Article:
Certain minor peculiarities of language are used unconsciously by poets. If such peculiarities appear in the works o...

on January 8 at 08:18PM

Answer choice (c)

Could you explain why (c) is the correct answer and not the other answer choices please? Thank you!

1 Reply

Ravi on January 13 at 06:35PM

@Boram,

Happy to help. We're told that if minor peculiarities of language are
used in the works of more than one poet, they're likely to reflect the
language in common use during the poets' time. We're also told that if
minor peculiarities of language appear in the work of only one poet,
they're likely to be personal idiosyncrasies.

From these premises, the author concludes that minor peculiarities of
language can provide a fingerprint that allows scholars, by comparing
a poem of previously unknown authorship to the work of a particular
known poet, to identify a given poem as the work of a particular poet.

Would that test be fool-proof, though? What if other poets created
works that contained the same idiosyncrasy. The test proposed by the
author measures a poem from an unknown poet and compares it to the
work of a known poet.

If we assume that the minor peculiarities of language of in these two
poems are a match, this will not necessarily tell us whether the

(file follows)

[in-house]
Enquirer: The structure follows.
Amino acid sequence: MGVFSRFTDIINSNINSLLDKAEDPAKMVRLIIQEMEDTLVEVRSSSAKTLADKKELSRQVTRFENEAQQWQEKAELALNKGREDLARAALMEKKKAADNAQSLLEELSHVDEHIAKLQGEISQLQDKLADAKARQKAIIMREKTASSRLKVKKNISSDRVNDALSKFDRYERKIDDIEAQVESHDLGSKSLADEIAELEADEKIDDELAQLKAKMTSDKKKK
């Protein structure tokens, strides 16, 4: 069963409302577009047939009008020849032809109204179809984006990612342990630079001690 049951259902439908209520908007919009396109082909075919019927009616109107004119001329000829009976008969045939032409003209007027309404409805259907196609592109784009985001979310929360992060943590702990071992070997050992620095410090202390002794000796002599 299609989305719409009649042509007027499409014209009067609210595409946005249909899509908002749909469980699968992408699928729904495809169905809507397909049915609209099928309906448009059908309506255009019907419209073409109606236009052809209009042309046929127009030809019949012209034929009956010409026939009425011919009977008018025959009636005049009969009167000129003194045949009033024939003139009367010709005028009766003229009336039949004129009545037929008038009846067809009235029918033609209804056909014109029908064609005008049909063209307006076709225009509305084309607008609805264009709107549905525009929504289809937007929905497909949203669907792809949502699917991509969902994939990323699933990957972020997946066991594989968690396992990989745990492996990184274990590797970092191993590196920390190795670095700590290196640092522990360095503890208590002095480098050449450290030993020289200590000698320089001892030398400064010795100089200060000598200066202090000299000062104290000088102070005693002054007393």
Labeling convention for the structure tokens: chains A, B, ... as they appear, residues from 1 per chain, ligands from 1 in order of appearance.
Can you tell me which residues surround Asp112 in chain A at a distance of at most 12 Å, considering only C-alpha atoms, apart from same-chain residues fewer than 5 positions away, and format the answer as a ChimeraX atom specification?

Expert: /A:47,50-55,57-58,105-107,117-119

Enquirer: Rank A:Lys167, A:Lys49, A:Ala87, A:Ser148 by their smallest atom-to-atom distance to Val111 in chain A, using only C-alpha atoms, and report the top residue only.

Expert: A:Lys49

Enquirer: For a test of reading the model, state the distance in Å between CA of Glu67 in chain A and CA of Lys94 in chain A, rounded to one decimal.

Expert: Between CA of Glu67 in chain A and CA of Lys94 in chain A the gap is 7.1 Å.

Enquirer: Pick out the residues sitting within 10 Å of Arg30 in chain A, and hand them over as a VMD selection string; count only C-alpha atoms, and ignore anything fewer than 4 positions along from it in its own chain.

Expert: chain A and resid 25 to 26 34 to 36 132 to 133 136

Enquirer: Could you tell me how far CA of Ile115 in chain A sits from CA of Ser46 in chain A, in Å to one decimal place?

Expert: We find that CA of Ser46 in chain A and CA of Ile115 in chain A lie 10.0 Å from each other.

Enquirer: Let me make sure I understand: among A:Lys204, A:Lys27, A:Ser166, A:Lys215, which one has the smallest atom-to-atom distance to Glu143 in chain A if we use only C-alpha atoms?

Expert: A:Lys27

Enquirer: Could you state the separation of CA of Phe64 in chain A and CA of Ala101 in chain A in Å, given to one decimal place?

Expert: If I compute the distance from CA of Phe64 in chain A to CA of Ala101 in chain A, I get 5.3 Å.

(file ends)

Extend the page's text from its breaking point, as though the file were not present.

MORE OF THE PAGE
actual reason for the match is because the unknown poet is the same
person as the established poet, or because they are two different
people who were using the same minor peculiarities of language in
their work.

The question asks us to select an answer choice that shows why the
test described in the stimulus never provides conclusive proof of the
authorship of any poem.

Answer A is incorrect because whether or not there are stringent
parameters for determining when to analyze the peculiarities of
different poems, this gives us no description for why the test in the
stimulus would never provide conclusive proof of the authorship of any
poem, so we can get rid of it.

Answer B is incorrect because it doesn't have to deal with the test
described in the stimulus. The author's argument isn't that the same
minor peculiarities appear in every work of a given poet; rather, the
author's argument is that minor peculiarities can be used to identify
a given poet. We can get rid of this answer choice.

Answer C says, "A peculiarity of language in a poem of unknown
authorship could be evidence either that the poem was written by the
one author known to use that peculiarity or that the peculiarity was
not unique to that author." This is exactly the flaw in the test we
had identified above. As we figured out, a minor peculiarity of
language may or may not indicate that a poem is the work of only one
poet. It does not provide us with conclusive proof. This is our answer
choice.

Answer D is incorrect because we are not concerned with the relative
weight that minor peculiarities contribute to the literary effect of a
poem. We're concerned with choosing an answer that shows how the test
described in the stimulus is flawed and doesn't allow us to draw
conclusions. This answer can be eliminated.

Answer E is incorrect because we are not concerned with whether or not
some minor peculiarities of language were conscious or unconscious;
what we're concerned with is if these minor peculiarities can be used
to identify poets as the authors of certain poems.

Does this make sense? Let us know if you have any more questions!